It will most likely do its part, as current projections for the Warner Bros. film’s domestic opening weekend stand north of $100 million. That’s far above the studio’s more conservative estimate between $65 million and $75 million. Overseas, the movie should score as well — its worldwide grosses by the end of the weekend may exceed $175 million.
For a parched summer, those are refreshing estimates for the latest DC Comics installment, directed by Patty Jenkins and starring Gal Gadot. The opening expectations are still below the first weekends of other DC Comics films, including two critically maligned, but profitable 2016 releases: “Suicide Squad” ($133.6 million) and “Batman v Superman: Dawn of Justice” ($166 million). “Wonder Woman,” meanwhile, has the critical community on its side — it currently holds a 95% on Rotten Tomatoes.
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The gender politics at play for the film are — brace yourself for an understatement — loaded. Of the 19 superhero movies released featuring Marvel and DC Comics properties since their respective cinematic universes launched in 2008, zero have featured a female character in the leading role. The Alamo Drafthouse cinema in Austin, Texas made headlines for planning a “No Guys Allowed” screening of the movie, which sparked backlash, then backlash to the backlash, ad infinitum. Politics have come into play as well — Lebanon decided to ban all screenings of the film due to Gadot’s Israeli heritage.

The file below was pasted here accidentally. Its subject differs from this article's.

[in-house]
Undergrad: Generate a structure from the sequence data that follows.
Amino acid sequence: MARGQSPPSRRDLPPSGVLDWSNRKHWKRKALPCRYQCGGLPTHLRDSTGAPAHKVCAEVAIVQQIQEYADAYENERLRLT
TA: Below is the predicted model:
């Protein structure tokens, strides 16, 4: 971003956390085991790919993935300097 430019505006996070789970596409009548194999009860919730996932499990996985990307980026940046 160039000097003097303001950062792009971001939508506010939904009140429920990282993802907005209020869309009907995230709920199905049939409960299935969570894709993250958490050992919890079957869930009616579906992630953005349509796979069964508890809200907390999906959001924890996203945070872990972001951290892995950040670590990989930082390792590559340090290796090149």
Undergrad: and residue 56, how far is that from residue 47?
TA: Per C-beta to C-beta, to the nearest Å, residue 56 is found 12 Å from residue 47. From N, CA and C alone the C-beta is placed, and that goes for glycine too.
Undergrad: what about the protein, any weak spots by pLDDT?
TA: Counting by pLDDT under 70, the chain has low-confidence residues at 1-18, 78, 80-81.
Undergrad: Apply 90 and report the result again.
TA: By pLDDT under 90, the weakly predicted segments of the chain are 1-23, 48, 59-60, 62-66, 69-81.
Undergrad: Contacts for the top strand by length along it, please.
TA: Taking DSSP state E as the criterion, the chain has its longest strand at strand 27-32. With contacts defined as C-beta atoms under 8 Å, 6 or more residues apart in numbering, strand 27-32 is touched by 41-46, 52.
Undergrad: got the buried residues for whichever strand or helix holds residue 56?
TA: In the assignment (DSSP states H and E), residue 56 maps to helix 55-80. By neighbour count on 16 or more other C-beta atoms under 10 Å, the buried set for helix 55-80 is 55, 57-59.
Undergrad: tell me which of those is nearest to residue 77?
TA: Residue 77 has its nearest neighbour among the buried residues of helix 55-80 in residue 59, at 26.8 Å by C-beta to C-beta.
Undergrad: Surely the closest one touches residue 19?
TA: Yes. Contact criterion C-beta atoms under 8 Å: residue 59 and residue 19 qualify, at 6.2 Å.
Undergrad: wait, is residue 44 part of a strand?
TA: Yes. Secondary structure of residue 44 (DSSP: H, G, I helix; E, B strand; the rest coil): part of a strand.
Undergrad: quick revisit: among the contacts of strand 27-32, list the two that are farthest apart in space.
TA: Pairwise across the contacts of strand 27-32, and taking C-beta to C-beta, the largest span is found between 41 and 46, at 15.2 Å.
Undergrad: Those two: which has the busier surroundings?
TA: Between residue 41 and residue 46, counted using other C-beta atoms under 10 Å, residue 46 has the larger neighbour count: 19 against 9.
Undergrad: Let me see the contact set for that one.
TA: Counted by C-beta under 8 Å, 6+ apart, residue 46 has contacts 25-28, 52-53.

Jenkins faces an enormous amount of pressure, considering her first and only feature to date is “Monster” — an Academy Award winner, but one she made more than a decade ago with an $8 million budget. This time around Jenkins had $150 million at her disposal, meaning the movie-making process was an entirely different beast.
The weekend’s only other major opening is Fox’s “Captain Underpants: The First Epic Movie,” which is anticipating a more modest take in the $25 million to $30 million range. The studio is projecting a $20 million opening weekend. Based on Dav Pilkey’s children’s books about two young pranksters who hypnotize their principal into thinking that he has superpowers, the DreamWorks Animation production features the voices of Kevin Hart, Ed Helms, and Thomas Middleditch.
A number of pictures are opening in limited release, including Lionsgate and Pantelion’s Mexican coming-of-age dramedy “3 Idiotas,” and CBS Films’ “Dean,” comic Demetri Martin’s the directorial debut, starring himself.
Ticket sales for the year are up about 2% thanks to the massive success of pre-summer releases like “Beauty and the Beast” and “The Fate of the Furious.” But the summer tells a different story. Apart from the hugely successful “Guardians of the Galaxy Vol. 2,” the box office has seen a string of flops and disappointments, including “King Arthur: Legend of the Sword,” “Alien: Covenant,” and most recently, “Baywatch.” The damage has resulted in sales for the summer slumping almost 9% below the same point last year, according to ComScore. Memorial Day weekend, in particular, was the lowest-earning since 1999. Bold projections that this summer could break records are seeming less and less attainable each weekend.
“Wonder Woman” should perform much better than the box office winner this time last year, “Teenage Mutant Ninja Turtles: Out of the Shadows,” which crawled back into its shell after opening to $35 million. But putting pressure on one movie to single-handedly muscle the summer box office back in winning form is, frankly, one more unfair expectation for a film that has enough of those already. That said, “Wonder Woman” seems ready for battle.